Battle of Waterloo by William Sadler
200 years ago, on 18th June 1815, the Battle of Waterloo was fought when Napoleon’s French army was defeated by an Anglo-allied army, commanded by the Duke of Wellington, in present day Belgium. This would be the final defeat of Napoleon Bonaparte, who had conquered much of Europe in the early 1800’s and, after he finally surrendered to a Captain Maitland of the HMS Bellerophon, Napoleon was exiled to Saint Helena where stayed until he died in 1821.
The Battle of Waterloo was a defining point in European history and set the course of history, right through to the outbreak of The First World War. The period between the two wars was a period of relative stability and peace in Europe, which was marked by prosperity and technological advancement. The Battle of Waterloo lasted for just one single day and, in that time; approximately 26,000 of Napoleon’s forces were killed, about 15,000 of Napoleon’s and around 7,000 of the Prussian commander, Blücher’s soldiers died.
While everybody probably knows something about Waterloo, here are ten facts that you may not of have known about Napoleons defeat by Wellington at the Battle of Waterloo.
The Duke of Wellington
1. The Battle of Waterloo was a joint effort with the Prussians
At the Battle of Waterloo, Napoleon faced two armies whose combined forces outnumbered Napoleons own forces, nearly two to one. The French Army under Napoleon numbered about 77,500, while the Anglo-Dutch forces under Wellington numbered approximately 73,200 and they were supported by Blücher’s Prussian Army of 49,000.
2. Wellington called it the battle of Waterloo, but not everyone does
The Duke of Wellington named the battle, the Battle of Waterloo, because the small village of Waterloo was where he had his headquarters. Apparently Wellington a habit of naming battles after the town he had slept in the night before. The Prussians, however, called it 'La Belle Alliance', after an inn that was within Napoleons lines and the French called the battle 'Mont St Jean', which was the name of a hilltop that marked where Wellington’s lines were.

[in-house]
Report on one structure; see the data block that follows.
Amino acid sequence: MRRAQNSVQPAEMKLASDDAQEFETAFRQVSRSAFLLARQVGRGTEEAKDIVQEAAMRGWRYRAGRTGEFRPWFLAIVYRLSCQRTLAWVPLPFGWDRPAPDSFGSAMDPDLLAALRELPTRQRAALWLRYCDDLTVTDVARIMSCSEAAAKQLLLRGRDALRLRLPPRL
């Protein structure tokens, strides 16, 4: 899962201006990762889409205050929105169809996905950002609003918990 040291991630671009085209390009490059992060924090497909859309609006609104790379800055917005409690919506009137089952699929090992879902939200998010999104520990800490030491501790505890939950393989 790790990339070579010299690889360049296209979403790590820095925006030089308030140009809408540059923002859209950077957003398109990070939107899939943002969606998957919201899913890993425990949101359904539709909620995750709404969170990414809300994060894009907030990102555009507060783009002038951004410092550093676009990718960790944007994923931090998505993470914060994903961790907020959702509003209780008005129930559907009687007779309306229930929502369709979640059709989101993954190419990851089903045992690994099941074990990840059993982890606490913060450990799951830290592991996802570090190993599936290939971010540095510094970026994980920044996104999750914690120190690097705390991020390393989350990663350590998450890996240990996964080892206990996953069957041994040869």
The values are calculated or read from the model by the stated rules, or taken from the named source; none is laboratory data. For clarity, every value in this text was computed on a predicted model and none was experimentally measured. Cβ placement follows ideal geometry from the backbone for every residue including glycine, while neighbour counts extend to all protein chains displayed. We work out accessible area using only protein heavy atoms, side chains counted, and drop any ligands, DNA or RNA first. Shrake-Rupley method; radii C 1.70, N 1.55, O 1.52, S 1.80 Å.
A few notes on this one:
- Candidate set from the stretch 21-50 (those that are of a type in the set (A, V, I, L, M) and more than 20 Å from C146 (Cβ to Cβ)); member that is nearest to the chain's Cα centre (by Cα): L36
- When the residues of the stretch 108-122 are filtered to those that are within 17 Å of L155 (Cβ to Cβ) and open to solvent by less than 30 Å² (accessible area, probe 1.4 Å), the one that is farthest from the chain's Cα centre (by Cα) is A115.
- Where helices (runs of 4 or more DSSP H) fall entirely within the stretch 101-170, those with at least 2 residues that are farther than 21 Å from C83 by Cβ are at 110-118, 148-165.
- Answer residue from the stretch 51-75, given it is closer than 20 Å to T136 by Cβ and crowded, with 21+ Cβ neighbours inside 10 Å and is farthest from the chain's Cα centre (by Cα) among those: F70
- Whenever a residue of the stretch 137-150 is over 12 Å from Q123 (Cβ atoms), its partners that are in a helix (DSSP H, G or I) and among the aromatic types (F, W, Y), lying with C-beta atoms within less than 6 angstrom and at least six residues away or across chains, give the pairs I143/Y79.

3. Over 2,000 amputations were carried out after the battle
Amongst the wounded that were left after the Battle of Waterloo, over two thousand soldiers had to have limbs amputated. The most famous of those amputees was Wellingtons Calvary commander, Lord Uxbridge, who, upon realising that a cannon ball had partially removed his leg remarked “By God, sir, I’ve lost my leg!” To which Wellington replied “By God, sir, so you have!” In those days, an amputation was done without any real anaesthetic and it took around fifteen minutes to complete.
4. The dead were used as fertilizer
Casualties from the Battle of Waterloo are still occasionally found when new buildings are built in the region, but not very often because the bones of the dead were often dug up and then ground down to be used as fertilizer by the local farmers.
5. The Battle of Waterloo marked the end of the first real World War
The Battle of Waterloo was the culmination of wars that were known collectively as the Great War, until the 1914-1928 First World War took the name. Waterloo brought to end over 20 years of fighting between European powers in what is widely considered to have been the first real world war in history.
6. Napoleon had been a bit presumptuous
Napoleon Bonaparte was already preparing for his victory after the Battle of Waterloo and Prussian soldiers found that Bonaparte had already had a printed a proclamation declaration of his victory that he had prepared in advance. He was also going to promise his troops that they could loot whatever they liked from the Belgium capital.
Capturing the eagle of the 45ème Ligne
7. Tourists descended on the battlefield, the very next day
Floods of sightseers descended on the battlefield the very next morning after the fighting had ceased. Locals seized on the opportunity and a thriving trade developed in battle momentous such as cap badges, pistols and sabres.
8. The teeth of the dead were used as dentures for the wealthy
It wasn’t only after the battle that the looting started, even during the fighting, soldiers would stop to pick through the pockets of recently departed comrades. The most prized item was the teeth of the dead, which were extracted with a hammer and chisel and then sold to be used as dentures for the wealthy. False teeth were known for a long time as “Waterloo teeth” and even Wellington is said to have worn a set, although it is not known if his dentures came from Waterloo.
9. Napoleon became a celebrity prisoner
Before his exile to Saint Helena, Napoleon was held prisoner on HMS Bellerophon in Plymouth harbour. People would wait at the quayside, or row out to the ship, so they could catch a glimpse of Bonaparte when he took a stroll on the deck.
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